Children playing, eyes radiant, books and toys on the shelves, animals in the garden, a large, dedicated play area – it seems like a paradise for the next generation. In Thomas Wiser Haus, though, it is not parents and siblings with whom the children grow up: The majority of them are supported by education professionals in the home round the clock 365 days in the year and furthermore, day groups are held on 220 of those days.
Year after year hundreds of Christmas presents go from Krones staff to disadvantaged children in the region of the headquarters in Neutraubling. One of the biggest organisations to receive these presents is the charity Thomas Wiser Haus.
Thomas Wiser Haus offers what is known as educational support if the parents are not or no longer able to take on this task themselves or are overstretched, or if there is a risk to the child’s age-appropriate development. “A child can also stay here voluntarily, but often that isn’t the case. It’s the classic scenario: Neighbours, teachers or other people notice something’s not quite right, and then the youth welfare office gets involved,” explains Lorenz Dineiger, Regional Director of Thomas Wiser Haus for Regenstauf/Regensburg.
In all, 250 children and young people currently have a substitute family in the home. “The everyday life is geared very closely to family structures, it’s just that we have more (expert) people here and things are probably organised a little more systematically,” says Dineiger. There are fixed rules, but they try to offer as much normality as possible. “Our occupants can, of course, also receive visits from friends, join sports clubs and go wherever they like in the local area. We attach a lot of importance to integrating the kids here into the social sphere.”
No one should have to go without at Christmas
The financial resources for the children are very limited, however, with only 1,080 euros per person available for non-food products and activities in the year. “That has to cover school materials, clothing, hairdressing, sports club fees, music tuition, excursions and everything else that isn’t food. It soon mounts up, and things get even tighter towards the end of the year,” Dineiger says. That means having to learn to go without early on.
The children and young people look forward to Christmas each year all the more. The wish lists of the children start arriving at Krones in Neutraubling as early as October and November – and then it’s a matter of shopping, wrapping and preparing. High up on the wish list these days: Pokémon, Beyblades and Tonie figures for the younger ones. Vouchers are popular, too, though.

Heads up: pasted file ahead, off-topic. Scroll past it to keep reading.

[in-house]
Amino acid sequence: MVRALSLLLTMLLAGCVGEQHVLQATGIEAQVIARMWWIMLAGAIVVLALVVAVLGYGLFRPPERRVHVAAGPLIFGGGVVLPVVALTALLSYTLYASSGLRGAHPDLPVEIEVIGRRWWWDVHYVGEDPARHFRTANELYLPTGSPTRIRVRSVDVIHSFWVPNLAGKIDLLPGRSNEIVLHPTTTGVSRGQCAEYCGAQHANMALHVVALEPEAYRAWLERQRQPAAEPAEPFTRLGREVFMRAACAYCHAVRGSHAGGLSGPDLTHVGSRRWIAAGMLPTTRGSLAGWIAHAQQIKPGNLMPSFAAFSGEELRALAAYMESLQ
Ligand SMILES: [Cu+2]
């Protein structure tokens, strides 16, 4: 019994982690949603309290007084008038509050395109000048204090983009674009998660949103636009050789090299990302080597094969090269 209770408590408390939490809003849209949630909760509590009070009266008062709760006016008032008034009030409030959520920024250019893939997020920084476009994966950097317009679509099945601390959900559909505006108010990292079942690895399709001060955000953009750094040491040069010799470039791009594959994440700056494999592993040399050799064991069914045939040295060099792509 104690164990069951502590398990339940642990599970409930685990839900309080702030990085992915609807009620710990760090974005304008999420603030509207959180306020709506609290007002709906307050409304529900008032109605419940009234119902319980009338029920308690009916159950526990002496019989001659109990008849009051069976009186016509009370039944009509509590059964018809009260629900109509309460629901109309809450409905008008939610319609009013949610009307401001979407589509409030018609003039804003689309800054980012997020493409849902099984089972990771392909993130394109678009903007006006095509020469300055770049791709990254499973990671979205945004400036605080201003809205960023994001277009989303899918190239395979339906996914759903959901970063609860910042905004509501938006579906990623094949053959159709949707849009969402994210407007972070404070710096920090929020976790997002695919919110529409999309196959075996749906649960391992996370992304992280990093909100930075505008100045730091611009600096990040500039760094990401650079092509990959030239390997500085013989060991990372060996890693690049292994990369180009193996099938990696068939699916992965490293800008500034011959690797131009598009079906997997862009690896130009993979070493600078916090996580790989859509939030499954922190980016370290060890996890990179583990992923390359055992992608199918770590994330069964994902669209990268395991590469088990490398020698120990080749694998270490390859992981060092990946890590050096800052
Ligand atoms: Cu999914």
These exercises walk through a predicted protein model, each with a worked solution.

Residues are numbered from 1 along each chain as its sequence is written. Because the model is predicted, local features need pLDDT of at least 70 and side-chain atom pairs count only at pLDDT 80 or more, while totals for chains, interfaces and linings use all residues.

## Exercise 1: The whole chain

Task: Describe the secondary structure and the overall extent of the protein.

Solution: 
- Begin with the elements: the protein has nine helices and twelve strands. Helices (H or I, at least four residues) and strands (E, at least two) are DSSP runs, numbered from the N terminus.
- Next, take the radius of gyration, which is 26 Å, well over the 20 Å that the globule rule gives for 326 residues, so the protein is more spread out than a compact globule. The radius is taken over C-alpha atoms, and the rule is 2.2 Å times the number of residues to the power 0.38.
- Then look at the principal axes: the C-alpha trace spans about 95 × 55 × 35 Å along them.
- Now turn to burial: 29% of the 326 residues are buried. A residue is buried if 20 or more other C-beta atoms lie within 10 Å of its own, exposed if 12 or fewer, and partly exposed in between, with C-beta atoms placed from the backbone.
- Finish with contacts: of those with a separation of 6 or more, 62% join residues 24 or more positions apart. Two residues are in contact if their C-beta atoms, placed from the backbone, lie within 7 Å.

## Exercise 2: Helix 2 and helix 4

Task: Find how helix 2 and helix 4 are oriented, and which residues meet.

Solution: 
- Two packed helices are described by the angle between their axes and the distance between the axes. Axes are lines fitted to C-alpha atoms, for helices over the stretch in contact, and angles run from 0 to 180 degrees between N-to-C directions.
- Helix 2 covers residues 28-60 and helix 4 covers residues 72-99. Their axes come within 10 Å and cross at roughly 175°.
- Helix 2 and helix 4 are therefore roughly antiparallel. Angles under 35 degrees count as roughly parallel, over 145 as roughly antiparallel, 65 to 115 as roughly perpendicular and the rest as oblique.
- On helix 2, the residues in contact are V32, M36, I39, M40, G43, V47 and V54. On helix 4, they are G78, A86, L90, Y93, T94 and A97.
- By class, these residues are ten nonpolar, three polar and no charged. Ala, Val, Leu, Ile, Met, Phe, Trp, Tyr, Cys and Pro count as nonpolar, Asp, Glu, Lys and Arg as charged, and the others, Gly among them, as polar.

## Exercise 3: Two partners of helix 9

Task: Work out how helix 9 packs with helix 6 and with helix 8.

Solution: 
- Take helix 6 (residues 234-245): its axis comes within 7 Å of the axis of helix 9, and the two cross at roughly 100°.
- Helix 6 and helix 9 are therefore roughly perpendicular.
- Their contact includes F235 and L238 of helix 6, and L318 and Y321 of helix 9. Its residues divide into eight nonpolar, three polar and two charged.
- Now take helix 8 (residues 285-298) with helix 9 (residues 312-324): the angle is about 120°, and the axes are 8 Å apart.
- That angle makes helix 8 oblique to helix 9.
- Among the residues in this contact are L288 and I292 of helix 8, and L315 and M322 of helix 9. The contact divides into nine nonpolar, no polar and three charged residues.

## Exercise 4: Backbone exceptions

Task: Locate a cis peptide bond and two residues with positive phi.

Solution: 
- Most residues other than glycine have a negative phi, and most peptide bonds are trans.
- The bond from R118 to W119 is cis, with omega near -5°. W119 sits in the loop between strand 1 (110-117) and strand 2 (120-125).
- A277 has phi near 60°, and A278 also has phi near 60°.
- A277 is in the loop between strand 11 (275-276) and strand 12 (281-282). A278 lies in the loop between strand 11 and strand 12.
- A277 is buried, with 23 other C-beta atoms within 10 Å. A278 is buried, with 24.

The older ones actually prefer vouchers, as it means they can save up to get something bigger later. Another thing that's always nice is when the kids plan an outing together, so for example they might wish for a trip to the swimming pool or adventure park. Lorenz DineigerRegional Director of Thomas Wiser Haus Regenstauf/Regensburg
Finally, the presents are shipped out at Christmas and taken to their destination. Donations go not only to Thomas Wiser Haus, but also the many other children in care and foster families across the region who are part of the campaign.
A happy time for everyone
Festivities in Thomas Wiser Haus then begin with a party on Christmas Eve. Lots of craft activities in the weeks leading up to Christmas ensure the place is already decorated appropriately, while 24 December is spent cooking and spending time together – all ending with the great ceremony of handing out presents. “Here too, we try to make sure the holidays reflect family life as much as possible, without actually competing with it,” Dineiger adds. And the Krones family is also delighted to have the opportunity each year to contribute to the success of this and many other Christmas festivities.